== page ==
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I'd like to embed an instance of object A inside object B. I have already an action and an editing view which renders a form for object B. I made it a strongly typed partial view accepting B.

I am dealing with the Create action now, so I do b = new B(); b.A = new A();

Now I'd render the form for B, and then call the partial view for A, passing it b.A.

But what I get back is either a FormCollection, or my new A object with the B field set to null. In the first case all is well, but what will I do if the form fails to falidate? Do I need to create the objects manually with the wrong data and pass them again with an invalid ModelState? Is the second option ever possible?

Or do I just need to avoid having the nested view? I thought, as an alternative, to create a special model object just to handle the form with all the values for both A and B, and then when this form would validate I'd populate manually the A and B objects and save them... is this the only solution?

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3 Answers 3

up vote 1 down vote accepted

You should be able to use A and B as you've described.

Suppose we have the following:

public class B {
    public A A {get; set;}
    public string X {get; set;}
    public int Y {get;set;}
}

public class A {
    public string Z {get; set;}
} 

//then in your controller:

public ActionResult Edit () {
    return View ( 
        new B {
            A = new A { Z = "AyyZee" } ,
            X = "BeeEcks",
            Y = 7
        } );
}

So your model is an instance of B.

Your view and your nested partial view should produce HTML something like this:

 <input type="text" name="A.Z" value="AyyZee" />
 <input type="text" name="X" value="BeeEcks" />
 <input type="text" name="Y" value="7" />

Now the default model binder should be able to hook this up:

[AcceptVerbs( HttpVerbs.Post )]
public ActionResult Edit (B input) {
    // apply changes
    //the binder should have populated input.A
}

Note that this only works if both A and B have a default constructor and are relatively simple classes. If you have something more complex you can use your own binder:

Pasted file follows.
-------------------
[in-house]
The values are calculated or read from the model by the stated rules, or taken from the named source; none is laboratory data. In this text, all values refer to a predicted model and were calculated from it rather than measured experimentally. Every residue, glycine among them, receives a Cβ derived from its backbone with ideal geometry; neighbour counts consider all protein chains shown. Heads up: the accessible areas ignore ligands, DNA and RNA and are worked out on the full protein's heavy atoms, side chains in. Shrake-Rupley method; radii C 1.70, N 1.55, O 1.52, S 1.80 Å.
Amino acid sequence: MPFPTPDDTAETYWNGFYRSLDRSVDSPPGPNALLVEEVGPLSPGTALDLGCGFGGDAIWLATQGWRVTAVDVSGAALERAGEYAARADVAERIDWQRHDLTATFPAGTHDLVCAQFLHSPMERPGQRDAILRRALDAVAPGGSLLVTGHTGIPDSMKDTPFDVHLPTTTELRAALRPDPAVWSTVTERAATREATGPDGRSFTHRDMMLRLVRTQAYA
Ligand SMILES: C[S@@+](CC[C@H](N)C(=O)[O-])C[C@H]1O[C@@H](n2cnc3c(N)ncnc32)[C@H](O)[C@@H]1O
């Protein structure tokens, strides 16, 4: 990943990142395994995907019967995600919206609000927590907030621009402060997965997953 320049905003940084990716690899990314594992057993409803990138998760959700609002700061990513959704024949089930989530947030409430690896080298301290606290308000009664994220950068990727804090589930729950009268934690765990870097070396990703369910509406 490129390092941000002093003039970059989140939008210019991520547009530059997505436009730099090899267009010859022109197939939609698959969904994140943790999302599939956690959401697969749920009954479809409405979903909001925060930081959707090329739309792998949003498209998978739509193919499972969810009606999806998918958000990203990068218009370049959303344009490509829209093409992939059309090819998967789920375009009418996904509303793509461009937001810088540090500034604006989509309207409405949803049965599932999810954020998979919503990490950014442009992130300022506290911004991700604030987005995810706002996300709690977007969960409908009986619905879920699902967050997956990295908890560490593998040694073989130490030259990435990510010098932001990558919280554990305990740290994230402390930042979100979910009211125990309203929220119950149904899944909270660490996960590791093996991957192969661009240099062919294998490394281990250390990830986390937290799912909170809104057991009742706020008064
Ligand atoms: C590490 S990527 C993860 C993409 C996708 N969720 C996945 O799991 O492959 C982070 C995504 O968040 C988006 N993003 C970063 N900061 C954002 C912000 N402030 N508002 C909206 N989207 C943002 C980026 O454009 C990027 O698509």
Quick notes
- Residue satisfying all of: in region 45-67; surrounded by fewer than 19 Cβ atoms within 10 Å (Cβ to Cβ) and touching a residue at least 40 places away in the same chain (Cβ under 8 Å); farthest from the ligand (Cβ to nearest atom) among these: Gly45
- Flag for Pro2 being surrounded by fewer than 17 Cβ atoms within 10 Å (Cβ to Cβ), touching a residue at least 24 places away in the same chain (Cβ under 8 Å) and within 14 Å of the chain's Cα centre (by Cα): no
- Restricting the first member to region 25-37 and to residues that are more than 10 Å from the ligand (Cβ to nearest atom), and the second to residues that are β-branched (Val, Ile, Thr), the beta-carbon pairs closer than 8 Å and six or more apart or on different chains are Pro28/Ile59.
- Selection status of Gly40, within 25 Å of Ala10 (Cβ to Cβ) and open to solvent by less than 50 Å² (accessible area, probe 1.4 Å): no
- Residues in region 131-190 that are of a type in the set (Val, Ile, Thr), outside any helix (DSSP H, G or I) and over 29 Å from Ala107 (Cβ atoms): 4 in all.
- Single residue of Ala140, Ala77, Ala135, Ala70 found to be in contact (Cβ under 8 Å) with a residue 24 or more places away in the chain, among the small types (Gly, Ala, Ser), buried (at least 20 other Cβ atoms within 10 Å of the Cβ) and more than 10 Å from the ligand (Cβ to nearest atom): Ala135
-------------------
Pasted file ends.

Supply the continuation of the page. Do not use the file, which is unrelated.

[AcceptVerbs( HttpVerbs.Post )]
public ActionResult Edit ( [ModelBinder( typeof( BBinder ) )] B input) {
    //...
}

public class BBinder : IModelBinder
{
    public object BindModel( ControllerContext controllerContext, ModelBindingContext bindingContext )
    {
        return  
            new B {
                A = new A { Z = Request["A.Z"] } ,
                X = Request["X"],
                Y = int.Parse(Request["Y"])
            };
    }
}
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I can't get this to work. Maybe I just made a simple mistake somewhere. Will try again on monday, maybe I'll have a fresher view :D Thanks a lot for suggestion. –  Palantir Sep 11 '09 at 15:03
1  
There's a lot more detail on binders here: weblogs.asp.net/scottgu/archive/2008/10/16/… –  Keith Sep 11 '09 at 15:16
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create your own custom model that incorporates A and B, then create a view from that model when you submit your form you will simply be able to update your custom model and update/add your individual models.

public class CustomViewModel
{
    public ModelA myAModel {get;set;}
    public ModelB mybModel {get;set;}
}

a view for that model will create a form that incorporates A and B and will enable you to then your posted formcollection can then be used to set values for each indivdual model and update/create then seperate.

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My problems with this code were caused by two things, both in the model class:

  1. The fields must be properties, and not normal fields
  2. The constructor was missing that would initialize the inner objects

So the classes from the solution above should be:

public class B {
  public A a {get; set;}
  public string x {get; set;}
  public int y {get;set;}
  public B() {
    a = new A();
  }
}

public class A {    
  public string z {get; set;}
  public A() {}
 }
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